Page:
How to Comply with NESA Encryption Requirements

28 Jul 2020 | Michael Waksman
UAE flag for NESA encryption requirements

Are you part of a company or organization based in the United Arab Emirates? If yes, then you need to comply with the new cybersecurity regulations issued by the National Electronic Security Authority (NESA). Finding out which parts of the legislation are relevant to your business can be time consuming, so in this blog we summarize what NESA says about encryption requirements and share 3 steps on how to build a NESA compliance strategy. 

NESA in a Nutshell 

  • When? 
    The NESA regulations are already in effect. 
  • What? 
    The new legislation is made up of multiple regulations – the most important being the Information Assurance Standards (IAS). The IAS consists of 188 security controls and standards to which all relevant organizations must comply.  Objectives of the IAS: 
    Strengthen security of UAE cyber assets 
    Reduce corresponding risk levels 
    Protect critical data infrastructure  
    Improve threat awareness 
  • Who? 
    NESA compliance is mandatory for:
    Government organizations
    Semi-government organizations
    Business organizations that are identified as part of the UAE critical infrastructure.  

What Does NESA Say about Encryption? 

Now you know a bit more about NESA, let’s have a look at what the regulations specifically have to say about encryption. In short, NESA states that organizations should implement a strong encryption program to protect data that is both at rest and in transit. The regulations also apply to data that is hosted elsewhere, such as third-party data centers. 

  • IS.5.7
    “Cryptographic controls should be designed and implemented in a manner considerate of the Entity’s need to effectively monitor its information flow, retain oversight of information system usage and protect against malicious software.” 
  • IS.5.9
    “For data hosted at Entity-owned facilities, cryptographic protection should be applied to data at rest.” 
  • IS.5.10 
    “Data hosted at non-Entity-owned facilities (e.g. third-party data centers) should be subject to strong encryption protection at rest.” 
  • IS.5.11 
    “Data transmitted to/from non-Entity-owned facilities should be subject to strong encryption to protect data in motion.” 
  • IS.11.11  
    “The Entity should employ gateway-to-gateway strong encryption to protect data traffic transiting between its physical locations, to limit the potential for eavesdropping.” 
  • IS.12.6 
    “Data of classification ‘Confidential’ or above transiting over a wireless network should be subjected to strong encryption to protect its confidentiality.” 

Prepare for NESA Compliance

By taking these 3 steps, you’ll ensure that your organization is ready to comply with NESA encryption requirements both now and in the future. 

1. Understand where your data resides 
You are always responsible for knowing where your data is, no matter if it’s saved on active computers, cloud services, or network storage. Keep track of your data flow and make sure you know where your information is stored, who is using it, and how it’s being used. This will make it much easier to put in place an encryption plan that takes into account the totality of your data.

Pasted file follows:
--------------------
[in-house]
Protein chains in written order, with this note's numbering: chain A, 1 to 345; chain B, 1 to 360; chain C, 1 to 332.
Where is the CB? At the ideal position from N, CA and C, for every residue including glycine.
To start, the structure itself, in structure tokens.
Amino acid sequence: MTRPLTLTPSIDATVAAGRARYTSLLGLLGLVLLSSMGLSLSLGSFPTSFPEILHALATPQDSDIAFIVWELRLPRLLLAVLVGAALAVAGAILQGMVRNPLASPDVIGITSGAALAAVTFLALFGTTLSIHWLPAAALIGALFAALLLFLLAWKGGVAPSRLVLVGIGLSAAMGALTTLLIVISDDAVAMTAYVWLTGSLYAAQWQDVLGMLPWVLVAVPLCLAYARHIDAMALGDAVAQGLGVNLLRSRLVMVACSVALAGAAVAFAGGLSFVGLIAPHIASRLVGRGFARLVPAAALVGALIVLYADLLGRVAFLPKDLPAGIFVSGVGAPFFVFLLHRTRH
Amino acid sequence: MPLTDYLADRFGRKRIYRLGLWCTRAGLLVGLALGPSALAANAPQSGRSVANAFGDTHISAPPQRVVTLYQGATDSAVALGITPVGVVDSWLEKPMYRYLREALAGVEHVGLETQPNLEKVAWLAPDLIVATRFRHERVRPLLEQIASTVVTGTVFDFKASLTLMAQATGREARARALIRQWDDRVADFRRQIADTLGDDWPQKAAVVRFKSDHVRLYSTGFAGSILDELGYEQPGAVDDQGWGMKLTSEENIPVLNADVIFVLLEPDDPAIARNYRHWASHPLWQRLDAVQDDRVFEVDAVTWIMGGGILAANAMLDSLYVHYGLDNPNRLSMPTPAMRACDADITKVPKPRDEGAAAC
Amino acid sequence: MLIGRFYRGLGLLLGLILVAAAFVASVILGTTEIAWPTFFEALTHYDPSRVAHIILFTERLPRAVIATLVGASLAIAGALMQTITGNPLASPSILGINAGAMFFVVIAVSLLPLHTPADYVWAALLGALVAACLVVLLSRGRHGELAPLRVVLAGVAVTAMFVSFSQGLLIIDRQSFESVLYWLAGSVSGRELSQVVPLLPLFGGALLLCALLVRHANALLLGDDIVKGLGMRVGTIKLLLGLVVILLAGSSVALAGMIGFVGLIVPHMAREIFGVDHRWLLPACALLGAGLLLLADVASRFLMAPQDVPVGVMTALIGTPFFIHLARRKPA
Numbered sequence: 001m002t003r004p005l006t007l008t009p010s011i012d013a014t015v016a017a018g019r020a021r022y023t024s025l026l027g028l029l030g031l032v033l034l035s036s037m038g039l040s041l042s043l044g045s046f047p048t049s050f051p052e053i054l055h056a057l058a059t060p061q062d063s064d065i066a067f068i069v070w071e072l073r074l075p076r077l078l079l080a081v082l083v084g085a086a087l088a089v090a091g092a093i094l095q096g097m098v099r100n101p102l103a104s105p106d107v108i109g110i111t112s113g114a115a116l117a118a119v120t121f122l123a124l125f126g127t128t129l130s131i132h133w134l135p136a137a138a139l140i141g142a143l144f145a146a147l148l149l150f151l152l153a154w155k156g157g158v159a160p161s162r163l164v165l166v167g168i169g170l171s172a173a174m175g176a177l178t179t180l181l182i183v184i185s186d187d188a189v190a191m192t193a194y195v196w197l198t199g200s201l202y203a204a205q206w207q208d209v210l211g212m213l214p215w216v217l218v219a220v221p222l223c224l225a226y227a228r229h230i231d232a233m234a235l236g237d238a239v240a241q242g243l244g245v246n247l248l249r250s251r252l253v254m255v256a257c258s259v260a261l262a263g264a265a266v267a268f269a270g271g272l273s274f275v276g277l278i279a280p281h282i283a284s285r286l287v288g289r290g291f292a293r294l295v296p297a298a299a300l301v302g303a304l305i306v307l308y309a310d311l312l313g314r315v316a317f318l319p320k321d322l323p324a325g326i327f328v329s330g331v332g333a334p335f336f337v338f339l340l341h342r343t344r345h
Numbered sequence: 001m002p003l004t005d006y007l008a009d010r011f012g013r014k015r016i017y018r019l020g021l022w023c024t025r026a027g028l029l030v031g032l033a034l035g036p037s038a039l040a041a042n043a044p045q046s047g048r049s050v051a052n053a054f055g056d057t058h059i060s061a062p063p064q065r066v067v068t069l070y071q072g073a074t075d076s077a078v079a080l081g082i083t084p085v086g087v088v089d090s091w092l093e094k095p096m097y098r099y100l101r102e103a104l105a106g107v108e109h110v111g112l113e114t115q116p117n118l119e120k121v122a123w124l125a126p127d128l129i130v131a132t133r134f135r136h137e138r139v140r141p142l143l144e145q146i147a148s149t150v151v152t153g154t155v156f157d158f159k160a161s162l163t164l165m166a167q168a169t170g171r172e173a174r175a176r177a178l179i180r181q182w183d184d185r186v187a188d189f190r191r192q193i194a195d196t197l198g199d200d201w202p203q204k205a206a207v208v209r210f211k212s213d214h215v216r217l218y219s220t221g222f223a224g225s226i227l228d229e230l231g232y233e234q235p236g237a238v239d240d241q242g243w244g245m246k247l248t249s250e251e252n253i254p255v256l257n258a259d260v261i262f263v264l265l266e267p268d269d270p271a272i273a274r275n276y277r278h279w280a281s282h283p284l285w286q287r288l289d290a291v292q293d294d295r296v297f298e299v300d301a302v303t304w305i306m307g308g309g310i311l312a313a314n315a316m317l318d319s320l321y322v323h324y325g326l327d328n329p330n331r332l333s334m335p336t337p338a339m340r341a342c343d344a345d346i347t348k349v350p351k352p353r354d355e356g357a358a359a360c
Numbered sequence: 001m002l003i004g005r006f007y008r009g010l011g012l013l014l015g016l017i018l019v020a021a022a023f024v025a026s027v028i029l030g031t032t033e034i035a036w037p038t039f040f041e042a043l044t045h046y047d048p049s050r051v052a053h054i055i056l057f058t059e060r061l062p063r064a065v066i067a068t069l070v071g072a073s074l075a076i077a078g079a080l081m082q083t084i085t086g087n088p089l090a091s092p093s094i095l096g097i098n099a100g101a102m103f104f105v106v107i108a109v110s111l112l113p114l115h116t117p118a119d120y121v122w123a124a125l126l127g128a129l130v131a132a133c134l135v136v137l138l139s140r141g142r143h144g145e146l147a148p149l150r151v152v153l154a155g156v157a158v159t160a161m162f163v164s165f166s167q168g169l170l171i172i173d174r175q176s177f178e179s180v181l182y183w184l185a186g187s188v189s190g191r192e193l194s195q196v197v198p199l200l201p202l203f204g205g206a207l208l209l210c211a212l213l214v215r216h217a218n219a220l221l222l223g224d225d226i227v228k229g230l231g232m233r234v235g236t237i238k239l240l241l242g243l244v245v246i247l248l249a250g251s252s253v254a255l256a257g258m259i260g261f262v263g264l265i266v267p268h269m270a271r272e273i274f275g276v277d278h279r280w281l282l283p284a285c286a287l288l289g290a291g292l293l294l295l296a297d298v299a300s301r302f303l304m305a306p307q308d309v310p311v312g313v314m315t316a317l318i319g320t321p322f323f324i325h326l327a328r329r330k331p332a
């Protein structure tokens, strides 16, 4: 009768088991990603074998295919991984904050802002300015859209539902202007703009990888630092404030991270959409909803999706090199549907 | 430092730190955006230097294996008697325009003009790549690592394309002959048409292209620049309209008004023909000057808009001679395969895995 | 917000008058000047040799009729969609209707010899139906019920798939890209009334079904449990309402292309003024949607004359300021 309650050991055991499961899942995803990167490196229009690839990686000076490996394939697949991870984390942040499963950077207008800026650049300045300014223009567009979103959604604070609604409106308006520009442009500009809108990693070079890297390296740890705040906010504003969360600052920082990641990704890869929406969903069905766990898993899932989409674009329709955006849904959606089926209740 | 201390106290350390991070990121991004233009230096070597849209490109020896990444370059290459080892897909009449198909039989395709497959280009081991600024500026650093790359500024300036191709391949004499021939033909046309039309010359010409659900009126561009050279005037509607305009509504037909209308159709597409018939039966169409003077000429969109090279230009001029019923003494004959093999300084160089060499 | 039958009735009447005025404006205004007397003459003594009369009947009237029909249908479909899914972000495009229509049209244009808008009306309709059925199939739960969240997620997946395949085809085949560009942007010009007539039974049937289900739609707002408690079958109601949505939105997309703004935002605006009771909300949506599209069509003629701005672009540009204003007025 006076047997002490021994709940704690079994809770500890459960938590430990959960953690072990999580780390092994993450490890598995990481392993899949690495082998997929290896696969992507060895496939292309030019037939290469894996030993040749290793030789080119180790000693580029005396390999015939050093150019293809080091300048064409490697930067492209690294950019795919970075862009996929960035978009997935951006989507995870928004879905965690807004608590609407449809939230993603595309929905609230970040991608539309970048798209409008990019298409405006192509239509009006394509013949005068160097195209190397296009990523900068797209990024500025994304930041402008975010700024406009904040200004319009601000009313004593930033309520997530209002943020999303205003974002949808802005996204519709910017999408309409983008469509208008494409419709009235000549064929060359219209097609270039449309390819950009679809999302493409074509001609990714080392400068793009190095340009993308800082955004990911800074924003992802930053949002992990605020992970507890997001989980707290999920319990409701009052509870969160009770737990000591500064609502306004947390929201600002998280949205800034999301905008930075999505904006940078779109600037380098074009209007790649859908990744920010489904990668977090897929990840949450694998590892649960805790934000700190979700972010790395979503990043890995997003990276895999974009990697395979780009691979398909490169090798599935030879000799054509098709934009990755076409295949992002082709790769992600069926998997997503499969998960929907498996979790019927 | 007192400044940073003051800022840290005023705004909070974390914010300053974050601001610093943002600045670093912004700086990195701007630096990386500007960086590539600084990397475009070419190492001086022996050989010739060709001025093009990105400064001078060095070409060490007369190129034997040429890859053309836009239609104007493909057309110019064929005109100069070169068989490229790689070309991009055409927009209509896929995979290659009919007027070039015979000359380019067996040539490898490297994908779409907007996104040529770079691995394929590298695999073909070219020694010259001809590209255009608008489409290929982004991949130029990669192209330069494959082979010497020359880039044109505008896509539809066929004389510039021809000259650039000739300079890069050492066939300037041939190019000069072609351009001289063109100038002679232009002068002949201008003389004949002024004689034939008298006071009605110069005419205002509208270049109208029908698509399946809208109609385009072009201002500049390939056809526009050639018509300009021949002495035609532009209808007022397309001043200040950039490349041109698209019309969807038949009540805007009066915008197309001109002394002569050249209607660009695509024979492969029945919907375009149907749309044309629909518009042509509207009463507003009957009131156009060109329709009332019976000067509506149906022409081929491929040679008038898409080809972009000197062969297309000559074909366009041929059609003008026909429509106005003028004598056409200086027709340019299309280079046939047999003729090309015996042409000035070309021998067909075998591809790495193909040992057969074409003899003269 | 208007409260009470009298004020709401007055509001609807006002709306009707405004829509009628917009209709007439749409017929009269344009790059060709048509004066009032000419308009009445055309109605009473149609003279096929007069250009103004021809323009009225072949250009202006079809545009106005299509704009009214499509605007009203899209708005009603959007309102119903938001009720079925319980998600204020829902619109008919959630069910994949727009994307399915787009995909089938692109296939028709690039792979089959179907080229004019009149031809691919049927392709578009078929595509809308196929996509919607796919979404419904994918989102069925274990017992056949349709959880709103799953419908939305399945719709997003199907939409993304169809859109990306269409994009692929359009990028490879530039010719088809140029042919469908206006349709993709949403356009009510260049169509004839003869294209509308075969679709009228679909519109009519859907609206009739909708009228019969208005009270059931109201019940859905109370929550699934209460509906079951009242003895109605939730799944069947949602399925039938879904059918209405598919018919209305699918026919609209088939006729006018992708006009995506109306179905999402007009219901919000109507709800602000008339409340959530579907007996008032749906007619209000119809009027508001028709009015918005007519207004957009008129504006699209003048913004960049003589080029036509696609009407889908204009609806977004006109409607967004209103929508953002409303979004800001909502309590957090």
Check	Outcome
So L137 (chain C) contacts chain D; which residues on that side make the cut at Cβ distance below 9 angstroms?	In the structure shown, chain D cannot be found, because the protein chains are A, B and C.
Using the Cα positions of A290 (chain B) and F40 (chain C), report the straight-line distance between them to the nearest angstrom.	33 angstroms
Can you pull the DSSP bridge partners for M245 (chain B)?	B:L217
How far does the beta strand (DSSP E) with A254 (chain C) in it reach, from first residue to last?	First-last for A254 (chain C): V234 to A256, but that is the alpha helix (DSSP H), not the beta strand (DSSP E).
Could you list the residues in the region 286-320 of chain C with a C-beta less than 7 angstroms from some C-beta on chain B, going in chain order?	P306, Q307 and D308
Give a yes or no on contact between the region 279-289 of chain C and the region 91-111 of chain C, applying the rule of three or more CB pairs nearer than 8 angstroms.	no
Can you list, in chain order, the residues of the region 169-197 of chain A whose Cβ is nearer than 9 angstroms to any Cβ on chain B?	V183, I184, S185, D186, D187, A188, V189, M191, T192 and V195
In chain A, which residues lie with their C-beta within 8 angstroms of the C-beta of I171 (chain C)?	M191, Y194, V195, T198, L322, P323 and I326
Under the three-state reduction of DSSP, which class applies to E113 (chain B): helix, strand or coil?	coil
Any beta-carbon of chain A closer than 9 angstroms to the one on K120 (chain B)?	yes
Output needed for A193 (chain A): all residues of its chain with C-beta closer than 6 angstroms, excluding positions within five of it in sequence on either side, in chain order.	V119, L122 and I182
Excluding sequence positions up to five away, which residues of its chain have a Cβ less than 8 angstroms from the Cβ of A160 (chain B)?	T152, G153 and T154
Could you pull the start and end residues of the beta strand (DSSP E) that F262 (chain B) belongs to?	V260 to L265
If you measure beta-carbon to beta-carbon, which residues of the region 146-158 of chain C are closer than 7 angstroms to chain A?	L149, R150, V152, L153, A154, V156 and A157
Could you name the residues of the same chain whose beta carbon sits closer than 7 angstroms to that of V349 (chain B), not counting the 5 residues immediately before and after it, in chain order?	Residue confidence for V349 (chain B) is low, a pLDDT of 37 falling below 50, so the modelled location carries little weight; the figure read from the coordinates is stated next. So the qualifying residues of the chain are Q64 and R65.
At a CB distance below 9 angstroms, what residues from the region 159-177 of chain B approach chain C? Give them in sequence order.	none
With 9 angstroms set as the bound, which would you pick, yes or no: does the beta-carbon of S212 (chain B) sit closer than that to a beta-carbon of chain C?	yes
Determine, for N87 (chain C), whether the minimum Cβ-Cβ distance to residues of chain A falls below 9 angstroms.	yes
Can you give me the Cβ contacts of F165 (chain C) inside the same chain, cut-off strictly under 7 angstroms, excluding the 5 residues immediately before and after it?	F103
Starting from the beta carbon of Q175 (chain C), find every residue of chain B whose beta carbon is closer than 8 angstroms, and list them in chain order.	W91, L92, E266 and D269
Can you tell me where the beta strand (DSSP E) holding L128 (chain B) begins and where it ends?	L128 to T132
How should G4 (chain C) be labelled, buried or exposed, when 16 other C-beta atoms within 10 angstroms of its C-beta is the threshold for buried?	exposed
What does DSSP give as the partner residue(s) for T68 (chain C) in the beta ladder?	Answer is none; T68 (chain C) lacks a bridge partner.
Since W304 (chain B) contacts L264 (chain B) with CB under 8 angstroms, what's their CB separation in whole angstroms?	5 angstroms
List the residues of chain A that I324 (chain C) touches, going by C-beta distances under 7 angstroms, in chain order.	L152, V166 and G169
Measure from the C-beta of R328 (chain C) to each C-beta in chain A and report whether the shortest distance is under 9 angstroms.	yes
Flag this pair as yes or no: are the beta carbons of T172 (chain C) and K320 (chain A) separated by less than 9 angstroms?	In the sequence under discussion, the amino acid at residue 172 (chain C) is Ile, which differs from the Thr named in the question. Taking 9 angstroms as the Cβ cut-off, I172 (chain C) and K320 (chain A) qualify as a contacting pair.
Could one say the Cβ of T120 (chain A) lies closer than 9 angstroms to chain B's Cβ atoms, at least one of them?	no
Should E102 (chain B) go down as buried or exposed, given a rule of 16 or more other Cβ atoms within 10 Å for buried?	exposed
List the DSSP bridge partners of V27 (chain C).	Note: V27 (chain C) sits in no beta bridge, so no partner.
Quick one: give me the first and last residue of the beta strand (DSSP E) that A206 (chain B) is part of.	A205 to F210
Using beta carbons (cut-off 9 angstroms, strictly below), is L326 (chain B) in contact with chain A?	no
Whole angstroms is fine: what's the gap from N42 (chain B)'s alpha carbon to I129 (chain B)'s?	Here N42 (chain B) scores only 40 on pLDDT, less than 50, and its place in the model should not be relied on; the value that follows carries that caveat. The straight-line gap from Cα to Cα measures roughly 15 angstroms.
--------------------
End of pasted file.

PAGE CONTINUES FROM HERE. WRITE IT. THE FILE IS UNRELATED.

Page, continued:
2. Classify and get organized 
Now you know where your data resides, it’s time to get organized. Create an inventory of all of your sensitive data. If multiple copies of data exist, make sure you take all of them into account. You should also put someone in charge of data protection to show your customers that you’re serious about protecting their sensitive information.

3. Use the right data protection software 
The type of data that needs to be encrypted will help you decide what kind of software your organization should use. For example, if you want to be prepared in the event that one of your devices gets lost or stolen, you should invest in whole disk encryption to protect entire hard drives. The encryption of files, on the other hand, is the best solution to protect data in the event that somebody gains access to your device while it’s in use. For data in transit, you’ll want to use applications that are encrypted end-to-end. Typical email and basic text messaging aren’t safe for anything confidential. 

How Encryption Works

The most effective cryptographic solution that organizations can implement is a complete data protection program. Basically, data encryption works by transforming your data into random characters that cannot be read without the correct key. To scramble and unscramble the text, data encryption makes use of sophisticated algorithms and different keys.

If you want to learn more about encrypting your data and how encryption works, check out our ultimate guide

Michael Waksman Jetico CEO bio image
Michael Waksman

Michael Waksman has been serving as CEO of Jetico since 2011, more than doubling the size of the company during his tenure. He brings more than 20 years of communications, technology and leadership experience.

At Jetico, Waksman has lead creation of the corporate identity, raising global brand awareness, building a more commercially-driven team and initiating enterprise customer relations. Jetico has maintained a wide user base throughout the U.S. Defense community, in the global compliance market and for personal privacy.

Waksman served as vice-chairman of the Cyber Group for the Association of Finnish Defense and Aerospace Industries. Recognized as a security and privacy advocate, he is a frequent speaker at international events, occasionally on behalf of the Finnish cyber security industry. In 2012, Waksman was honored with The Security Network's Chairman's Award for fostering collaboration between the United States and Finland. As dual citizen, he is a native New Yorker and has been living in the Helsinki region for over 15 years.

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